Preservice ELT Teachers’ Native Non-Native Language Teacher Perception

Journal of Modern Science. 2018;38(3):73-86 DOI 10.13166/jms/95054

 

Journal Homepage

Journal Title: Journal of Modern Science

ISSN: 1734-2031 (Print); 2391-789X (Online)

Publisher: Wyższa Szkoła Gospodarki Euroregionalnej im. Alcide De Gasperi

LCC Subject Category: Social Sciences

Country of publisher: Poland

Language of fulltext: Ukrainian, Slovak, Polish, Russian, English, Italian

Full-text formats available: PDF

 

AUTHORS

Serkan Boyraz (Aksaray University)
Ertan Altınsoy (Aksaray University)
Tolga Çıtak (Çukurova University/Adana)

EDITORIAL INFORMATION

Double blind peer review

Editorial Board

Instructions for authors

Time From Submission to Publication: 5 weeks

 

Abstract | Full Text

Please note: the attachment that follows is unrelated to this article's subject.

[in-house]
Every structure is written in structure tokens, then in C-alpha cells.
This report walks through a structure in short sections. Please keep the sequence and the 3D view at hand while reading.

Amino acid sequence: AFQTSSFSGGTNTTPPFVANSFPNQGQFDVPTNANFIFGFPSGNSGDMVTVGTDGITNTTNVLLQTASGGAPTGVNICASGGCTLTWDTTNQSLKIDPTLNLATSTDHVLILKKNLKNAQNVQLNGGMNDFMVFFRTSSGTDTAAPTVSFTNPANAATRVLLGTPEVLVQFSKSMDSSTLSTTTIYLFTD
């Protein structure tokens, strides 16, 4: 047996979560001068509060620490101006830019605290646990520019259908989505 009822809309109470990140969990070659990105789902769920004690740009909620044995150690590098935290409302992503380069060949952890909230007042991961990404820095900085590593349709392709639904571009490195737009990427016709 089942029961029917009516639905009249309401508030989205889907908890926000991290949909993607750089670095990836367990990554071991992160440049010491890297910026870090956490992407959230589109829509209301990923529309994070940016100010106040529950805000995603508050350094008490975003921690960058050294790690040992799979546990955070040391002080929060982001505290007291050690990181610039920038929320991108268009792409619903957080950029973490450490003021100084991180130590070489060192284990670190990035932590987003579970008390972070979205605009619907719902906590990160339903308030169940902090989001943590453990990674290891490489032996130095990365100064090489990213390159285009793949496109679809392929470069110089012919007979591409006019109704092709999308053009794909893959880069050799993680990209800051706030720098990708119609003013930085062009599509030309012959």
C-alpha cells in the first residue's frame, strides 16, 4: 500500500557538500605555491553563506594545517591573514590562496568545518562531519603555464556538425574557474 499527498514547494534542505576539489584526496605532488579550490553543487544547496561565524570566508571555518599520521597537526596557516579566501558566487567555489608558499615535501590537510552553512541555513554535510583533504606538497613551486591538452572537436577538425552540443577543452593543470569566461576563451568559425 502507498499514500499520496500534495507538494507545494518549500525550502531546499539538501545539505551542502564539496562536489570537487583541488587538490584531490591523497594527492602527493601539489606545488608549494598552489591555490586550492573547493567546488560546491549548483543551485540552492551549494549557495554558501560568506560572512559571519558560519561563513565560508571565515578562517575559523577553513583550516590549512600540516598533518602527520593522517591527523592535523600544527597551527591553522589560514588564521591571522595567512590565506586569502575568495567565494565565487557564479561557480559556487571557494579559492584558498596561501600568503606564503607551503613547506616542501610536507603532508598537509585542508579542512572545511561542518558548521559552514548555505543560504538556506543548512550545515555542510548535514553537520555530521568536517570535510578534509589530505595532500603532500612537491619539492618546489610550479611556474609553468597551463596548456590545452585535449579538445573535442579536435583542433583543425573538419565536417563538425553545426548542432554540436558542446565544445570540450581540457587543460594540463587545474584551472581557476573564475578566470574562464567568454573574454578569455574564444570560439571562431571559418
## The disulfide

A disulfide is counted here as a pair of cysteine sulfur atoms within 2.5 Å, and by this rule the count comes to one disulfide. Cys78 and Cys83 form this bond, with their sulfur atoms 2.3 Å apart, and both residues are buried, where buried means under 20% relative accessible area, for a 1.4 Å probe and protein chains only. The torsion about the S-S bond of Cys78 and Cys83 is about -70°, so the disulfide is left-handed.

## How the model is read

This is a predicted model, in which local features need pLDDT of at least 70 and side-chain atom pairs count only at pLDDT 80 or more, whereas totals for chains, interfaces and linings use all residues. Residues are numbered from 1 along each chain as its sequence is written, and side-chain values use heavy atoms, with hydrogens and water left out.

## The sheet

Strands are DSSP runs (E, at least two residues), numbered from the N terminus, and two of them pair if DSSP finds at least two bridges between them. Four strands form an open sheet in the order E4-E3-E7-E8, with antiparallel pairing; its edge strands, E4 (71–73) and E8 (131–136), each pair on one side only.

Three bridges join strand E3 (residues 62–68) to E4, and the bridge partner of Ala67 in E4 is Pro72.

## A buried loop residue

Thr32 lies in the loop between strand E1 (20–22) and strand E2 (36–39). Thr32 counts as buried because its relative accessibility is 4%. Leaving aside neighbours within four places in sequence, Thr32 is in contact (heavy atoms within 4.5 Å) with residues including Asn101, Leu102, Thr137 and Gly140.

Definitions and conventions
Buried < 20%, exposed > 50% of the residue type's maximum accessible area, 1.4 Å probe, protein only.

Objectives this study examines prospective ELT teachers’ perceptions of native and non-native language teachers regarding the definition of NEST and NNEST, overall learning with NETSs and NNESTs, perceived weakness and strengths of NESTs and NNESTs and classroom behaviour and responsibility of NESTs and NNESTs . Material and methods The data will be collected through Likert scale questionnaire which was developed by Hadla (2013) and are going to be administered to ELT students studying at Aksaray University. The collected data will be subjected to descriptive analysis such as percentages, frequencies and statistically significant difference will be tested between the groups. Results This research provides valuable insights into pre-service ELT teachers’ perceptions on NESTs and NNESTS. Although the pre-service ELT teachers do not have a clear mind on the definition of NEST, it is important to note that most of them do not take the colour of skin as an indicator of it. Growing up in an English-speaking country and being raised with native speaking parents are, on the other hand, among the qualities of NESTs according to the participants. The findings also indicate that the participants that are prospective NNESTs themselves link being NEST with better development of speaking (fluency and pronunciation) and listening skill while they are not sure if it also brings better writing and reading abilities or more knowledge on the grammar and vocabulary. Conclusions The issue of NEST and NNEST perceptions differ on perceivers’ being learner or teacher and especially in Turkish context the perceptions might be standing as an obstacle in front of the system preveting it from successful language teaching. Therefore, important changes in language teacher education that helps to develop self-perceptions of NNESTs are required.